Independent Senator Andrew Wilkie and I met yesterday to discuss the many problems over sixty’s have in this country. As usual, I went to this meeting with eyes wide open and expecting, once again, to be disappointed. Not so.
Mr Wilkie was, to say the least a refreshing surprise. I had been trying to ‘gain an audience’ with him for some time but mix ups prevented it and he was the first politician I have spoken to this year that actually knew how to say sorry. For over an hour we sat and talked while his assistant Kate took notes and commented on issues. She was obviously well informed on over sixty issues.
To my surprise, before I had addressed the 12 questions I earlier this year sent to the Prime Minister, Andrew Wilkie initiated the conversation with his concerns over some of the issues I had mentioned in those questions. He had major concerns with housing, the problems at Centrelink and the poverty which is fast consuming many Australians, particularly pensioners with single pensioners as a priority.
Mr Wilkie believes that for the government to expect the majority of over sixties to work till they are seventy is unrealistic. Apart from anything else, people over fifty in this country find it difficult to gain employment, was his argument.
Mr Wilkie is of the opinion that Australia is a wealthy country, contrary to what we hear from the PM. He believes that we could have a health system through Medicare as good, if not better than the very successful UK system. He says our country could afford it without bodies like pensioners being targeted. He believes the pension is almost impossible to live on and believes Australia could raise it to acceptable levels.
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Recently the Senator has taken to the media to express his concerns for pensioners. He heads to Parliament shortly where he has voiced some of these concerns with the Mr Turnbull and stated my visit was timely as he will continue with these concerns at his next sitting.
Mr Wilkie is a member of Parliament closer to the age of pensioners than many. He has spent many years in politics and served many years in the Australian Armed Forces. He never wavered or looked away when he was conversing with me. He was sure of his responses to me and listened intently.
My mission was to discuss the over sixty population but I had the impression that Andrew Wilkie was a man of the people of this country no matter what gender or age. He has also assured me that he would be looking into the assault accusations being raised at universities.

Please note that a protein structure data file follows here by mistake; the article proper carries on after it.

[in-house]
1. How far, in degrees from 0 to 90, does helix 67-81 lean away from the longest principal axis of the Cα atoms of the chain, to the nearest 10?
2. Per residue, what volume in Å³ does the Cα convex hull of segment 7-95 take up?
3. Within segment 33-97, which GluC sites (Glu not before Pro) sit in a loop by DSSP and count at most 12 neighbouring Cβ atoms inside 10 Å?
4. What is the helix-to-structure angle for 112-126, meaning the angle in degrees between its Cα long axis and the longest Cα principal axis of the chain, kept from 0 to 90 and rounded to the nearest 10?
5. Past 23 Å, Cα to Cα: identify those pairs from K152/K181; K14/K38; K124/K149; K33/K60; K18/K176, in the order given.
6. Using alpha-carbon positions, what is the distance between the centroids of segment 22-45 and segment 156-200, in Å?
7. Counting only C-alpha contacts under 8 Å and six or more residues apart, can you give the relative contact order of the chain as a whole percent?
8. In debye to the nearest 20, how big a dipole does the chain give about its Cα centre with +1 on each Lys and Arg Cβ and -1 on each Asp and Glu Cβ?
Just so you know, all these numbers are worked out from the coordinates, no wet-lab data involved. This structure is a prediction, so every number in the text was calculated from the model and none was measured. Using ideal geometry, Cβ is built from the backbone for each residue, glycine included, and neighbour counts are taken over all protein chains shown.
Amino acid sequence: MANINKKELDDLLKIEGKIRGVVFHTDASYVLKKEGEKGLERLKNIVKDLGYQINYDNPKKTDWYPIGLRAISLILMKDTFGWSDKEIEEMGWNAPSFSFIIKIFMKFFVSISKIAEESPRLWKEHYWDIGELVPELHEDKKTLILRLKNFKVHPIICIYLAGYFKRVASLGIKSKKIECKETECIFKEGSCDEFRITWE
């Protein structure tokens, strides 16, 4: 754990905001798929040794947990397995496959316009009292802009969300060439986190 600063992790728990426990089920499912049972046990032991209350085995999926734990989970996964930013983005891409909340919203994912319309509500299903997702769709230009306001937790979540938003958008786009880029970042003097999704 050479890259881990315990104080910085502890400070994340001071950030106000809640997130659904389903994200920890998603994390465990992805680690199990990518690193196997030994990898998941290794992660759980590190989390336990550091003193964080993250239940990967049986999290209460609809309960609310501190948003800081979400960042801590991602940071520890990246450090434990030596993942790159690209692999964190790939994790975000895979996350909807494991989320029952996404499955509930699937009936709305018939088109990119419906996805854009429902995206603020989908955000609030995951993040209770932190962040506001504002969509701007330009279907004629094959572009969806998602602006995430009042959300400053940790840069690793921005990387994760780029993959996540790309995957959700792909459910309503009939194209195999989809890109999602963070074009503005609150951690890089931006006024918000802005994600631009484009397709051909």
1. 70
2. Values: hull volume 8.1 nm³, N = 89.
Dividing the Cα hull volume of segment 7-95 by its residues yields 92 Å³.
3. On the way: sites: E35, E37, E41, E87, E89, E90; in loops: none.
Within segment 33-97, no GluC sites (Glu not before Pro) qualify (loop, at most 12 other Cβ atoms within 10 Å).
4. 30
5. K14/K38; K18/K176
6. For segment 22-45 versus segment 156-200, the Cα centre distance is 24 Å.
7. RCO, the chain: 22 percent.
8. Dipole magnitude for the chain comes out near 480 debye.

I came away from this meeting with a personal liking of this politician and a strong belief that he was committed to the issues I had questioned him about. As he said, he cannot promise to magically fix these problems but he promised to give it a good try to at least start righting these things. I have been assured he will start with the next session he attends in Canberra and he will not give up the fight.
By the way, I did receive a standard form letter from the office of the PM saying they would get back to me. They never did.
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He left me with a handshake and a promise to keep me informed. Thank you Mr Wilkie.
Update: Fran received an email from Senator Wilkie’s office which included a the following drafted notice of motion:
MEMBER FOR DENISON: I give notice that on the next day of sitting I shall move that this House:
Acknowledges the need to boost the Age Pension as the current payment rates are inadequate;
further acknowledges that the Single rate of Age Pension is particularly inadequate as single people often have to deal with the entirety of household expenses, which are rapidly becoming more and more unaffordable;
according to recent research by the Australian Council of Social Service, and the Social Policy Research Centre, 13.9 per cent of Age Pension recipients are living below the poverty line; and
according to a recent poll by the Sunday Tasmanian, 74 per cent of Tasmanian pensioners run out of money each fortnight and 61 per cent go without necessities including fresh food; and
calls on the Government to immediately increase the Age Pension rate and specifically to address the unique challenges faced by single pensioners.
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